Do I get a warranty with a used car?

The nose of a yellow Kia Picanto sticks out among a row of nearly new cars at a Motorpoint store

That depends on a number of factors. If you’re buying a nearly new used car, there’s a chance that a decent chunk of the original manufacturer’s warranty still applies to the vehicle you’re looking at. If you want the reassurance of a long factory warranty, you might want to look at Kia, MG, Hyundai and Mitsubishi, which all offer an impressive amount of coverage.

For older used cars, many dealers will include a short warranty at the point of sale – usually around three months. At this stage you’ll usually be given the opportunity to purchase an extended warranty, which covers the car for up to a year or longer. This might be worth considering if you don’t want to risk being hit with unexpected repair bills down the line. There are also third-party extended warranty providers that can offer continued coverage for your car.

What is good mileage on a used car?

Again, this depends on many factors. In many cases, the actual mileage figure matters less than the kind and the consistency of mileage the car has covered. Average annual mileage for UK drivers varies quite a lot with some covering as little as a few hundred miles per year, while others will drive many times as far.

Rather than worrying about the exact mileage figure, you’re better off keeping an eye out for outliers – that means cars that have done either an unusually small number of miles compared to their age, or an unusually high number. If you have access to a vehicle’s MOT history, you can also check roughly how consistent that mileage was – a car that regularly does 10,000 miles per year might be a safer bet than one that’s bounced between high usage and sitting unused for long periods.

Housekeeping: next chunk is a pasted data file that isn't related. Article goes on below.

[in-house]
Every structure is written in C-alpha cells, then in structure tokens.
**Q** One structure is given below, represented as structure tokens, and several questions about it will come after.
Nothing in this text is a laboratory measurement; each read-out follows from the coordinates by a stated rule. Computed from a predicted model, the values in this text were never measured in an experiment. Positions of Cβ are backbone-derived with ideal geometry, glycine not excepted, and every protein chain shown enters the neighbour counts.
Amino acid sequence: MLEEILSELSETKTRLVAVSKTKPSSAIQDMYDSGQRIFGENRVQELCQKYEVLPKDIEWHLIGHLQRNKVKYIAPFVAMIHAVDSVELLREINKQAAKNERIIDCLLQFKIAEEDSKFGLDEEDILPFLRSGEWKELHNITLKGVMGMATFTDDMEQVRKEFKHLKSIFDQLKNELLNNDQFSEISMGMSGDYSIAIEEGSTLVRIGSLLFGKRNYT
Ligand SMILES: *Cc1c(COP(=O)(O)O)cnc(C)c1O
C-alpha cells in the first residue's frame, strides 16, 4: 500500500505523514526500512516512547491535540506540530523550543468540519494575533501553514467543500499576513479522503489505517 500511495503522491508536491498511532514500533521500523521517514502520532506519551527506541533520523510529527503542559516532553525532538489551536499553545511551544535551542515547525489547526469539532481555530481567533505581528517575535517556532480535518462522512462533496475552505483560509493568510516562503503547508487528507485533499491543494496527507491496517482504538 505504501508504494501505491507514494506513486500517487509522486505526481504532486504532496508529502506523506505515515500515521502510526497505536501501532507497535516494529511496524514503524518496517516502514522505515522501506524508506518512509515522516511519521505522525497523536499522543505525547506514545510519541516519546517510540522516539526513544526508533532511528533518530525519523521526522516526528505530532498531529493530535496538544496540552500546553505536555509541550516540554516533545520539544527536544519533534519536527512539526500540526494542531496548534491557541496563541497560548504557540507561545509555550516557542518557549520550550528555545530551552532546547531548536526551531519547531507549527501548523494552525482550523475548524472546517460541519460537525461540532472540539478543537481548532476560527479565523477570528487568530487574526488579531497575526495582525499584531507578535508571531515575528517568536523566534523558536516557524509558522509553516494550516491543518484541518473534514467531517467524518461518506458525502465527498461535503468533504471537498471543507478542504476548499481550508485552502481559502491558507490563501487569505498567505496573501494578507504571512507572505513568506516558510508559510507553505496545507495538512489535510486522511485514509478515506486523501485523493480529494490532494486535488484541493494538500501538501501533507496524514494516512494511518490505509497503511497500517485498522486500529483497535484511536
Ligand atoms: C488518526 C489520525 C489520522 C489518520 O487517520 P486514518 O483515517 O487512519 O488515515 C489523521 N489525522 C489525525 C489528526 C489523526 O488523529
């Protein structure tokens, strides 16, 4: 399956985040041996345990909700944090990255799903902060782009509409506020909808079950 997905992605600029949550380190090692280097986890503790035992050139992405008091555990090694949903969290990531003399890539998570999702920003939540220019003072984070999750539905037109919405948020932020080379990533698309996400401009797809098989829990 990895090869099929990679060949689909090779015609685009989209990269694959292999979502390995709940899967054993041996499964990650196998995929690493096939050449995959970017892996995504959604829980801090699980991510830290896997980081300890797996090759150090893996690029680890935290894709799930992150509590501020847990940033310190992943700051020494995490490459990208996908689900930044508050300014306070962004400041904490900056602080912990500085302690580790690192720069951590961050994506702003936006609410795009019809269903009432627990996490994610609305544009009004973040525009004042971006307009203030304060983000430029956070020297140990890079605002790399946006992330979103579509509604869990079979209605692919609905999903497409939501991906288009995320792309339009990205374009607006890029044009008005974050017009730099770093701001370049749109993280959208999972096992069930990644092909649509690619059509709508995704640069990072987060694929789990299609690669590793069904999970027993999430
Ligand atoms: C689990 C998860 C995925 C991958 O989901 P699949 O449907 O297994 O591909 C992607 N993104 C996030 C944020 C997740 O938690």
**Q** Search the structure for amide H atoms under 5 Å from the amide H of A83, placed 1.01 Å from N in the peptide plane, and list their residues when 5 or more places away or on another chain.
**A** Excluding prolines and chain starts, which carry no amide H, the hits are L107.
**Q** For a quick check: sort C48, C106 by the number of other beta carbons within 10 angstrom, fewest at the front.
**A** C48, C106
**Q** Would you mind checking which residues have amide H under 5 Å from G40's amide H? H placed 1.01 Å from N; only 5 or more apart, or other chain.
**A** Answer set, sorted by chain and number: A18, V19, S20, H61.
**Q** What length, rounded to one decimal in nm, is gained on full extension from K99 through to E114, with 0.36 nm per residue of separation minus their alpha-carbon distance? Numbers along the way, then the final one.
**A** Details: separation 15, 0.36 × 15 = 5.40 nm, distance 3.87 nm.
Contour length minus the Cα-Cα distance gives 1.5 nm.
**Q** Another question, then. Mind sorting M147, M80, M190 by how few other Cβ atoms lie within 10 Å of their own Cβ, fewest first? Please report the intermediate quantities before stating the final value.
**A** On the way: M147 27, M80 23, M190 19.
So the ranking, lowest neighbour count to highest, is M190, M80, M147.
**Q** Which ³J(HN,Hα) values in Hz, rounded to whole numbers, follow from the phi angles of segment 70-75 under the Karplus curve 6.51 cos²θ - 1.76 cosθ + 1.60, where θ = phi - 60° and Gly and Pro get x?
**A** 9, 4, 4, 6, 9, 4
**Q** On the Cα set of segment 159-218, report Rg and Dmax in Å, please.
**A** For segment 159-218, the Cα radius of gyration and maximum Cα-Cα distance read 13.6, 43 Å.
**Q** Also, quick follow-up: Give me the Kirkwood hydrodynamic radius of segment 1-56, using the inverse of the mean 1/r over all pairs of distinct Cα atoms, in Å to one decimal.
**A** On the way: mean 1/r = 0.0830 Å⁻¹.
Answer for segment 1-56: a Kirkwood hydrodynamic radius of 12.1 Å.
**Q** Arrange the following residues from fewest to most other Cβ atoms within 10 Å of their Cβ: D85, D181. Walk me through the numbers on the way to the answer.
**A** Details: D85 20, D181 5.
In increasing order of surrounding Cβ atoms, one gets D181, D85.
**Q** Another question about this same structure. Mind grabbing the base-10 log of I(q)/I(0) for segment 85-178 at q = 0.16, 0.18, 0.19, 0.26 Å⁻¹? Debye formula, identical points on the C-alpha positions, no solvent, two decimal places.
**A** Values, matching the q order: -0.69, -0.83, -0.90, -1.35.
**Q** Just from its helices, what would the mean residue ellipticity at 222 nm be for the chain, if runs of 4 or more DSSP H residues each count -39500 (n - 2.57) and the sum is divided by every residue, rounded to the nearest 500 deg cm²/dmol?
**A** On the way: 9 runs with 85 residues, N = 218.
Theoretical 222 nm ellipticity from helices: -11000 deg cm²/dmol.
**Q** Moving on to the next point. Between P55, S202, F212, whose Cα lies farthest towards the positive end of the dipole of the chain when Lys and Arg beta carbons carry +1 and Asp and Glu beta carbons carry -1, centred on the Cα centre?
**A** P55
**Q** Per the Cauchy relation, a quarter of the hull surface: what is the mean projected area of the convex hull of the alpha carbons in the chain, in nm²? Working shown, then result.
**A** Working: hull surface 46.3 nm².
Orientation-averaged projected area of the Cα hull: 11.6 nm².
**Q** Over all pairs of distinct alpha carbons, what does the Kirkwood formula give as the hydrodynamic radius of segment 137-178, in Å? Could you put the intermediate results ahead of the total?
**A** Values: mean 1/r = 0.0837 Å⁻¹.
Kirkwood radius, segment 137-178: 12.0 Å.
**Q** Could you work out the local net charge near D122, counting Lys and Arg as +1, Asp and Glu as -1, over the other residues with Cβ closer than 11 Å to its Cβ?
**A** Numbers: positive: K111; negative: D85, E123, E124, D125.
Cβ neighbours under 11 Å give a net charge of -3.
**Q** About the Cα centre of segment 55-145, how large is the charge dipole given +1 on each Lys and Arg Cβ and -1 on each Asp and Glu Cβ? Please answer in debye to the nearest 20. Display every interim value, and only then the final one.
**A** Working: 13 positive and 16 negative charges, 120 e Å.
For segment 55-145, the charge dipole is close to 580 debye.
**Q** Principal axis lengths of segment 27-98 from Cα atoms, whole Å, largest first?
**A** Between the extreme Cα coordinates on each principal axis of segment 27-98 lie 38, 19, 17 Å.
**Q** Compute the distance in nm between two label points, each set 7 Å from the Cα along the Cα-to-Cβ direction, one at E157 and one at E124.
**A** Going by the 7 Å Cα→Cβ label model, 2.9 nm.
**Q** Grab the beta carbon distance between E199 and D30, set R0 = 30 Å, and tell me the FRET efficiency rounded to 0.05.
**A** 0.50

What should I ask when buying a used car?

Motorpoint salesperson talks with couple sat in a car at a Motorpoint store

Knowing what to ask when buying a used car can give you more peace of mind because you won’t feel like you’re missing any key details. Here are the questions you should consider asking:

  • Is there any damage on the car?
  • Does everything on the car work properly?
  • How many previous owners has the car had?
  • How much life is left on the brakes and tyres?
  • When is the car due a service?
  • Have you carried out a history check and can I see the results?
  • Can I take the car out on a test drive?